Angelo Tani, Rinieri da Ricasoli and Cosimo de Medici all understood ‘leverage’, which in partnerships means growing the business by hiring junior staff to complement and extend the capacity and capability of partners. The Medici Bank was one of the first large partnerships to grapple with the underlying equation of leverage: the incontrovertible calculus that profit per partner is equivalent to margin times hourly rate times utilisation (the extent to which staff are busy) times the number of staff per partner. Bringing on more staff was one of the few ways in which the bank could pursue higher profits.

See All Chapters
Medium 9781523098033

9 Unqualified Auditing as the foundation of the Big Four brands

Gow, Ian D.; Kells, Stuart Berrett-Koehler Publishers ePub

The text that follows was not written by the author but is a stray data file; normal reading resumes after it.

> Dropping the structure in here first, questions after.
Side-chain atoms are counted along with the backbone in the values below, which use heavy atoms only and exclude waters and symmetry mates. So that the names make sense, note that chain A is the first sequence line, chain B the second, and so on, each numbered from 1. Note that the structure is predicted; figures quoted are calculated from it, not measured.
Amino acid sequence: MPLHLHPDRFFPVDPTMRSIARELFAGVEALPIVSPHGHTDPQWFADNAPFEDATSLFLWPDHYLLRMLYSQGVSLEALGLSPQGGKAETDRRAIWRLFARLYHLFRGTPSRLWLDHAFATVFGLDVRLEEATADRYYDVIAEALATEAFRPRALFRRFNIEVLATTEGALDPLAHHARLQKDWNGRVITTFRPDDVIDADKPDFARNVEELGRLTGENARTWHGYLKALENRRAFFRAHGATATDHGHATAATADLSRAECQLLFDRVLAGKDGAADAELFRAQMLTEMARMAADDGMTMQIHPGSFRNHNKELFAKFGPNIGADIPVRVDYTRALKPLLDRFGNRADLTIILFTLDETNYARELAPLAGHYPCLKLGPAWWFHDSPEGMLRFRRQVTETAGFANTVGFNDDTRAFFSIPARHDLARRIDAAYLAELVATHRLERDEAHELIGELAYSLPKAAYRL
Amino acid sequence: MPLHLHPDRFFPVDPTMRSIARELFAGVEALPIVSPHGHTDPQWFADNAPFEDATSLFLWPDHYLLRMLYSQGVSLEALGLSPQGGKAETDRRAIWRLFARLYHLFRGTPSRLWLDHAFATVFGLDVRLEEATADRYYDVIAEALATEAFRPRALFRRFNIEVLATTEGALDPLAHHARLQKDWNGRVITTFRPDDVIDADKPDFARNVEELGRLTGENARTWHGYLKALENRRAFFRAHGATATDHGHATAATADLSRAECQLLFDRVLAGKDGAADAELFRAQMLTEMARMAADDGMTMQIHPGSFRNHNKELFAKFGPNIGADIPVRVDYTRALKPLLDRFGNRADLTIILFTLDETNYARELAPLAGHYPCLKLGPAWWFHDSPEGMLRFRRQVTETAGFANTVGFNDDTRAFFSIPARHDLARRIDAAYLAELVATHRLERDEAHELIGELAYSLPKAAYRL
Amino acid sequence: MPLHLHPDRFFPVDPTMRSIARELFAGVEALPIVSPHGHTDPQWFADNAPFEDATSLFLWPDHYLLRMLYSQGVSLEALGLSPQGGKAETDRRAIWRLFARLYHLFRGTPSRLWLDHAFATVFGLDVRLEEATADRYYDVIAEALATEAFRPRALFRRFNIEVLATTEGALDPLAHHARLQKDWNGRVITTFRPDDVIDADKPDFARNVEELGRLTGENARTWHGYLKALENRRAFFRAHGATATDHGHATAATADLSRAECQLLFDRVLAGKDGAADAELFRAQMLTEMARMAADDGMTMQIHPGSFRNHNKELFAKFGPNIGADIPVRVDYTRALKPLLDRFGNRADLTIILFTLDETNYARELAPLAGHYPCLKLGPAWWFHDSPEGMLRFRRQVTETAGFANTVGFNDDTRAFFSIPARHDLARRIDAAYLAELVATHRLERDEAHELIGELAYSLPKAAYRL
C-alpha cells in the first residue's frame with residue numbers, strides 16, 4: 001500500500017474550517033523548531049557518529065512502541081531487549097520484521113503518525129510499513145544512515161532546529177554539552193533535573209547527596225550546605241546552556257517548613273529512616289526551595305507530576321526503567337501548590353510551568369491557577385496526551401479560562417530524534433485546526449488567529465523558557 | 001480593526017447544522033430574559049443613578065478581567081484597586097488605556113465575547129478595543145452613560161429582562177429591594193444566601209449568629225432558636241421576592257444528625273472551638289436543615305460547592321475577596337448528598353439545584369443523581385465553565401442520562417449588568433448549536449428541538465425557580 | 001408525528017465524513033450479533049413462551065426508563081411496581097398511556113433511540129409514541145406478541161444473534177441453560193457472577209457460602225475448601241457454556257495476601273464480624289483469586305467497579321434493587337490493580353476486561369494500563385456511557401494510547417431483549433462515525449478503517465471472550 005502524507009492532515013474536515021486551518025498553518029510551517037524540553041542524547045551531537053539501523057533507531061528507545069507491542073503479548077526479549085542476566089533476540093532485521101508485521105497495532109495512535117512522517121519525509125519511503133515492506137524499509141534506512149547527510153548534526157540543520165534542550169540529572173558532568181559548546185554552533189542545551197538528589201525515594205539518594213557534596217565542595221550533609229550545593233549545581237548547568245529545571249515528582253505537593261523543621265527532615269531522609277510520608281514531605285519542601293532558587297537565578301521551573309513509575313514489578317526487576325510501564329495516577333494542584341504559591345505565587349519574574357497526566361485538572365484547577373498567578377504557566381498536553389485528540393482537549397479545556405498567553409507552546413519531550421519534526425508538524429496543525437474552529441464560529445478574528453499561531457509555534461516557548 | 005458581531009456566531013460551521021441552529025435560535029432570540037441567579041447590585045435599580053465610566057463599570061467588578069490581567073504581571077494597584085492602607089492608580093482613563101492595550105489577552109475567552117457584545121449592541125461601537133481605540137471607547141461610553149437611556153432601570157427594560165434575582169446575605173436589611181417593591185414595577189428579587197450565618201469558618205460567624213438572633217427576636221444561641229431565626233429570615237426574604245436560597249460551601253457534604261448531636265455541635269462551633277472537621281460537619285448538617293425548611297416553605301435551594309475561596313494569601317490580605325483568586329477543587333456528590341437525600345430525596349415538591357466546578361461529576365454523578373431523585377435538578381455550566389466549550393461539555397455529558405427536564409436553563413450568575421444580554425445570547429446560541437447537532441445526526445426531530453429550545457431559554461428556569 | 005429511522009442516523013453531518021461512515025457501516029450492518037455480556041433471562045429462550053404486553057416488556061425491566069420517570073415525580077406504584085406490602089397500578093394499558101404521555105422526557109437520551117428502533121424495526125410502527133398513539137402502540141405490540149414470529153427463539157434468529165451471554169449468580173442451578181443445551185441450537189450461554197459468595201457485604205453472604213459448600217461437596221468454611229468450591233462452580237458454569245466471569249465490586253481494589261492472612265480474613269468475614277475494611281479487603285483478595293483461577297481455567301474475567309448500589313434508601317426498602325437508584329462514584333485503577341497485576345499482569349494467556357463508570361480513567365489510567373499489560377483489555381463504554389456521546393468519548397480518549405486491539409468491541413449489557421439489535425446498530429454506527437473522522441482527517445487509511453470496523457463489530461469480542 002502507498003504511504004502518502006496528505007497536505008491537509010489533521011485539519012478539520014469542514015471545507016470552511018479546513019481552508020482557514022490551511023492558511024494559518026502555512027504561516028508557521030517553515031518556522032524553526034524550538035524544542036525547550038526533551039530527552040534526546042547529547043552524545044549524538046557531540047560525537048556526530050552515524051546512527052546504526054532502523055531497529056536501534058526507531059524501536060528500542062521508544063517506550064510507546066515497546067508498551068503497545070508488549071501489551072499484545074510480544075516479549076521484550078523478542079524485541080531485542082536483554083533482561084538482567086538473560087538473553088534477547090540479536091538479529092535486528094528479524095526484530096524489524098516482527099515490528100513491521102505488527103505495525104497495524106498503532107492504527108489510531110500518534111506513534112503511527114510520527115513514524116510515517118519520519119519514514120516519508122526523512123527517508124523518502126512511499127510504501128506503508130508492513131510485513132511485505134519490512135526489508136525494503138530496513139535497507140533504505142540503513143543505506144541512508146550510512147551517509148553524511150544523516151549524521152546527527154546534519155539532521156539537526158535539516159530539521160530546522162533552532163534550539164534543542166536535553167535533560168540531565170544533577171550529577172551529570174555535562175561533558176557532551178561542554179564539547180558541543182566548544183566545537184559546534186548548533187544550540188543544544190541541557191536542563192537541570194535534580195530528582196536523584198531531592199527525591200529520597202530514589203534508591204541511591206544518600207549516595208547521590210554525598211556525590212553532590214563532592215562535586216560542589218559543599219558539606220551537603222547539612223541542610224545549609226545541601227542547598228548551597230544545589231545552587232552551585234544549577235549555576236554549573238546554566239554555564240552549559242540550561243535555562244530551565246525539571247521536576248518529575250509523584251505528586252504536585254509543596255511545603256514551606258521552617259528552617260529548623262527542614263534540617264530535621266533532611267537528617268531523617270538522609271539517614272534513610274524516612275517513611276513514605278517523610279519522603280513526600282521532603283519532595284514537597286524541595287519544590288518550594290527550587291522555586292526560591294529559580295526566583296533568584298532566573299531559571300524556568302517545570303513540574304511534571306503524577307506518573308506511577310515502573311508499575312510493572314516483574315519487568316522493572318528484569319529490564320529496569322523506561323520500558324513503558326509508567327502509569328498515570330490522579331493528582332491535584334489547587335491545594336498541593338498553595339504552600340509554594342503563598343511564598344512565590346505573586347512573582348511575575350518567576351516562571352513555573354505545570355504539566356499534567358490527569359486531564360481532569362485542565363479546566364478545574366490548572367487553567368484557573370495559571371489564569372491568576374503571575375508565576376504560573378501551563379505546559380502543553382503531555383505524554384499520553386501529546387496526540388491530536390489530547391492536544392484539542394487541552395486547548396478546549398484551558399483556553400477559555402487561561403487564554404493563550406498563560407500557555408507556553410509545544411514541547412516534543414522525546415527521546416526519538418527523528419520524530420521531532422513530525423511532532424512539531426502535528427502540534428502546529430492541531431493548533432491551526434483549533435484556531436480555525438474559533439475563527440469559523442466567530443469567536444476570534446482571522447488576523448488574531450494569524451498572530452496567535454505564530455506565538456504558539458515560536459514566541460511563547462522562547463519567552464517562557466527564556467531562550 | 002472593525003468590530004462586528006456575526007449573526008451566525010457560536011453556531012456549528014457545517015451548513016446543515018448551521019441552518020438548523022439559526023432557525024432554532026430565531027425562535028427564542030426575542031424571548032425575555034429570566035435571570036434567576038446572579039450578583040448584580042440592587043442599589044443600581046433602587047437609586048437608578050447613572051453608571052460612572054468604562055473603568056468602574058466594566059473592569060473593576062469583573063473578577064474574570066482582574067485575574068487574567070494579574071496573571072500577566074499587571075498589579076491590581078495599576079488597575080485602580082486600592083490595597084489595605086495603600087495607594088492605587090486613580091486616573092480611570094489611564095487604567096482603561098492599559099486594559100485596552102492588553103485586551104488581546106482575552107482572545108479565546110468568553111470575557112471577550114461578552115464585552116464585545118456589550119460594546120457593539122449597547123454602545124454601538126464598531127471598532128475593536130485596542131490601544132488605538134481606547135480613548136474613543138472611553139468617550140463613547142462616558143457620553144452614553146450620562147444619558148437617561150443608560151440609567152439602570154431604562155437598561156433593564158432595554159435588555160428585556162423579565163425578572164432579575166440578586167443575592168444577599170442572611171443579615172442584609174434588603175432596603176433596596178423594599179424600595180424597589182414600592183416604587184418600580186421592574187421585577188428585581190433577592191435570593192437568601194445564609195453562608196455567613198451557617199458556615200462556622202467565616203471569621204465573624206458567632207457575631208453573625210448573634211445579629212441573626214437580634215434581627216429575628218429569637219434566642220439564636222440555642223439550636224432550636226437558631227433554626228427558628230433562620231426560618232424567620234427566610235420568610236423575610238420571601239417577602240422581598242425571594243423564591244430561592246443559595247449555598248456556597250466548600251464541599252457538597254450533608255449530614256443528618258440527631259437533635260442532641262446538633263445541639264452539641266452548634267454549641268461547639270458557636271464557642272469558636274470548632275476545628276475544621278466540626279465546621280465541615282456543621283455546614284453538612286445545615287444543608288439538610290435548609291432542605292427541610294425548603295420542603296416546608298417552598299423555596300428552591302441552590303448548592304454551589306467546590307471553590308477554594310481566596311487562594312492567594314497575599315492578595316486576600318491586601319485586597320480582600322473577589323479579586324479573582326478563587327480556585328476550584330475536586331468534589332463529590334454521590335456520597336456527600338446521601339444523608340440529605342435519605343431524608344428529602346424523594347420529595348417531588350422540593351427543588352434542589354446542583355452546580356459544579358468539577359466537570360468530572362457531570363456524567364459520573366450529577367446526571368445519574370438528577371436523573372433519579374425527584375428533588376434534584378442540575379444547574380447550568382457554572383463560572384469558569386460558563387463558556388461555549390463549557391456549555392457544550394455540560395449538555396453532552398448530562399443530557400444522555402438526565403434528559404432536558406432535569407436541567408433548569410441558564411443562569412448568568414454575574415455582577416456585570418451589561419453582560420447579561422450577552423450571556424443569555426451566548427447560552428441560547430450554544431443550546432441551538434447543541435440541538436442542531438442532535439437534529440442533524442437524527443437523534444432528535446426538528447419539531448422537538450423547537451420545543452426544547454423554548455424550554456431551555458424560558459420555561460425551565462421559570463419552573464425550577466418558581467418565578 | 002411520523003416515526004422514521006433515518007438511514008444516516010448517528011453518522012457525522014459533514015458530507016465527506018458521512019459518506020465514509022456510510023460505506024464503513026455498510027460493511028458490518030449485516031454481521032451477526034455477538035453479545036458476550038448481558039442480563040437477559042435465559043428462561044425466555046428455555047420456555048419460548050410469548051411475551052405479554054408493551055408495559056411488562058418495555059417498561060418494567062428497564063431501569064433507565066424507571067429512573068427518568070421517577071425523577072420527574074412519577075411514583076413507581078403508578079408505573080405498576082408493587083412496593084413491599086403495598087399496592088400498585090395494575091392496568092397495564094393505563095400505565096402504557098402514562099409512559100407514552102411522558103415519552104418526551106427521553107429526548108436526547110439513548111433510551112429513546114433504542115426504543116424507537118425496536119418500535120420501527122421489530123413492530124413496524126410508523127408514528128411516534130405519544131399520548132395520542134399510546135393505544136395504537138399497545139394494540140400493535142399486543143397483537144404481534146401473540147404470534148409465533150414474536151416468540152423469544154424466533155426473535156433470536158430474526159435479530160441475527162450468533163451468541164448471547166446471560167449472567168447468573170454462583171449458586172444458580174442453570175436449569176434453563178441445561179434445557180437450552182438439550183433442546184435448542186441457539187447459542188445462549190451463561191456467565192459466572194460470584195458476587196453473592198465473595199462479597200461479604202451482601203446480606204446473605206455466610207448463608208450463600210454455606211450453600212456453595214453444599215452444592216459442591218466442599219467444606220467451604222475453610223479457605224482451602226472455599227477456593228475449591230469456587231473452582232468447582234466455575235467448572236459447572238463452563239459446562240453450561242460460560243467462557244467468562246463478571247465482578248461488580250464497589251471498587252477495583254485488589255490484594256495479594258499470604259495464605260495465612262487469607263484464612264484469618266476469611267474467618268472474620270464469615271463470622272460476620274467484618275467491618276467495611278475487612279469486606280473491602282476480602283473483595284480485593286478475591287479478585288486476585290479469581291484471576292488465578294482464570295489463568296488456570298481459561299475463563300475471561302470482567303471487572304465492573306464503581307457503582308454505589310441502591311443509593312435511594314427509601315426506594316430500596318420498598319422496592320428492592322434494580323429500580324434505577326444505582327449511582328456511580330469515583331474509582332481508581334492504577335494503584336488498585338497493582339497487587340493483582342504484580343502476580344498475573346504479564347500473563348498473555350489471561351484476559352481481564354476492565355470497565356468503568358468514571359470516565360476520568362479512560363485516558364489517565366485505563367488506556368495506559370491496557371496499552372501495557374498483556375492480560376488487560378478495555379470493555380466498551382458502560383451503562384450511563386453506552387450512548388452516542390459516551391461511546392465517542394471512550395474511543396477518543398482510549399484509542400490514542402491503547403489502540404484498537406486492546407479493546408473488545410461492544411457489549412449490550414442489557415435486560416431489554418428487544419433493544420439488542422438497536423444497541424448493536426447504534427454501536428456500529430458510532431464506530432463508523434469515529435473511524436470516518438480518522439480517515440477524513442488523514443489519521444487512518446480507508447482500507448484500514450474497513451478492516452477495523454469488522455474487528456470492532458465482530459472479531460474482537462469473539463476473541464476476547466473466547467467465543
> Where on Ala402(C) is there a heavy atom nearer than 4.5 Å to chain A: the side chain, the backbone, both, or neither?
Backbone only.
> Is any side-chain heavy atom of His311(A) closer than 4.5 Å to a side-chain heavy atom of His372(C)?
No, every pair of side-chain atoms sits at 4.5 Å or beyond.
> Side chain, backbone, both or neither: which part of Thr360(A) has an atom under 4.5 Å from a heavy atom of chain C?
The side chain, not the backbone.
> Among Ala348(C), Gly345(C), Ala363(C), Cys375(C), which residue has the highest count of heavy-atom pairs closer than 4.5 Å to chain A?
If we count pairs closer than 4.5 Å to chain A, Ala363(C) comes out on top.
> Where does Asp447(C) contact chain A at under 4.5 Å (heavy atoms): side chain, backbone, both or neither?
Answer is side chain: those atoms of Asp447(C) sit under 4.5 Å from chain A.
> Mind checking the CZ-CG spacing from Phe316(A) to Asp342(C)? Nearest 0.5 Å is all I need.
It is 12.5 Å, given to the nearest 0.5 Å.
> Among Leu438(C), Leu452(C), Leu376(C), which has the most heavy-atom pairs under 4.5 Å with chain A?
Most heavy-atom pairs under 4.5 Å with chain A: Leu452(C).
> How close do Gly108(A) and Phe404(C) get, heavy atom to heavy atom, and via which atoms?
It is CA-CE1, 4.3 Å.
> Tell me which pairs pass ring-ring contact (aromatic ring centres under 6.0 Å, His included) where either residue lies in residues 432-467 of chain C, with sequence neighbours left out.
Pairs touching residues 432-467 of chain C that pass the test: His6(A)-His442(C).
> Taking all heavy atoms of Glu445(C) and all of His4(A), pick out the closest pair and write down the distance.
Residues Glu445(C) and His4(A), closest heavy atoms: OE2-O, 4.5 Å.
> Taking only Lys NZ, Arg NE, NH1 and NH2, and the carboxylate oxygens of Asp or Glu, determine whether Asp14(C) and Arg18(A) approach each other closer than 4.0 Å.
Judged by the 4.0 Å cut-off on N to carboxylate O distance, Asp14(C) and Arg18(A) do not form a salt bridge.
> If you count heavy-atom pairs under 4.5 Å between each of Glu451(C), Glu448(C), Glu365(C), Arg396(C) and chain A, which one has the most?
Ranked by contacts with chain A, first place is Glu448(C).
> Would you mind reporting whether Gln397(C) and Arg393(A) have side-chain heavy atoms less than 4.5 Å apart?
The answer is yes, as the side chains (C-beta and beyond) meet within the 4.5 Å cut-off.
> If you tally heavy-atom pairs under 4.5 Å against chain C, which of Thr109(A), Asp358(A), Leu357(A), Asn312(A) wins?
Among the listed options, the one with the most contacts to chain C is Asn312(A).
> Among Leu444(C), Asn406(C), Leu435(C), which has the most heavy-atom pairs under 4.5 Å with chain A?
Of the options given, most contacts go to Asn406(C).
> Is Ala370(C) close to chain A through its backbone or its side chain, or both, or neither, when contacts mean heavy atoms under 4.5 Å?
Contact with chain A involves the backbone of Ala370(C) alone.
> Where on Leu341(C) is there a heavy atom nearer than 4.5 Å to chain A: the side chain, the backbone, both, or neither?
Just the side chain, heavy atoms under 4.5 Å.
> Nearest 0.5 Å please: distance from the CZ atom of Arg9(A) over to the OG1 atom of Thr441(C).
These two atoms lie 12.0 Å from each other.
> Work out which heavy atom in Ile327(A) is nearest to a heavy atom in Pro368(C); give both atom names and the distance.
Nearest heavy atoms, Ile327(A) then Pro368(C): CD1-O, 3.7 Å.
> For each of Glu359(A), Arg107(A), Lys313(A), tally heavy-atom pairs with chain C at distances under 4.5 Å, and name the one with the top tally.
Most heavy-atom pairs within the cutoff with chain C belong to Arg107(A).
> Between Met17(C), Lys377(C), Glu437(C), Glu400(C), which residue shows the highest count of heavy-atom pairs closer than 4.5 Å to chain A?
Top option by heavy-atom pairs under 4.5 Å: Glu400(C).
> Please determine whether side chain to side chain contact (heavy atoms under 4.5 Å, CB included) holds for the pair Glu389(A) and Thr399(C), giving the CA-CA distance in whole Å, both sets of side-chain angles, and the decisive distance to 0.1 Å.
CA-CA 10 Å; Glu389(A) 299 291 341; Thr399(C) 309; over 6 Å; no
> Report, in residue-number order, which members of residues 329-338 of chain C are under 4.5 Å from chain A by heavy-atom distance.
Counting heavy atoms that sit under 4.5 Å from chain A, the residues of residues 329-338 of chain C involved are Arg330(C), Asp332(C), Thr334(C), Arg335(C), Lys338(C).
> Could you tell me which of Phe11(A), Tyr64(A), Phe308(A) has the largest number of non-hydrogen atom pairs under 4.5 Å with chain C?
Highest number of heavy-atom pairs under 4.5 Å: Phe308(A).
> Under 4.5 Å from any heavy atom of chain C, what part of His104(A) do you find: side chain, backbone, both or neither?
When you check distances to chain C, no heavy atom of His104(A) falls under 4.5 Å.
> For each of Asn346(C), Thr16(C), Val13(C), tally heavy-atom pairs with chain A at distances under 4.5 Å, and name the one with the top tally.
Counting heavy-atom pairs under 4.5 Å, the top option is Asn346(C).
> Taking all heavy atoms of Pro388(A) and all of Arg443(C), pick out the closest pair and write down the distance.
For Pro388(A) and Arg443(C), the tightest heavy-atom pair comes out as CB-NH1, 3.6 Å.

All the Big Four provide audit and advisory services, and in all the firms there are significant differences across these two service lines with respect to: staff qualifications and experience, job sizes, charge rates, delivery timelines and contract types. Compared to advisory, auditing is a higher-cost, lower-margin business with different economics and a different culture. Audit and advisory practices occupy separate divisions within the Big Four firms, and are often physically separate too. A Big Four advisor can go a long time without even seeing a Big Four auditor, and vice versa. When young staff speak of Big Four work as ‘indentured labour’, they are more than likely speaking of audit work. The daily routine of a junior auditor is dull and repetitive – so much so that the Big Four seldom highlight audit in their corporate communications and marketing to graduates. Inside the firms, auditing is deprecated and its practitioners have low status. Most graduates view a stint in auditing as a stepping-stone towards something else. Anything else.

See All Chapters
Medium 9781523098033

2 Glory, Not Infamy The Medici Bank as a precursor to the Big Four

Gow, Ian D.; Kells, Stuart Berrett-Koehler Publishers ePub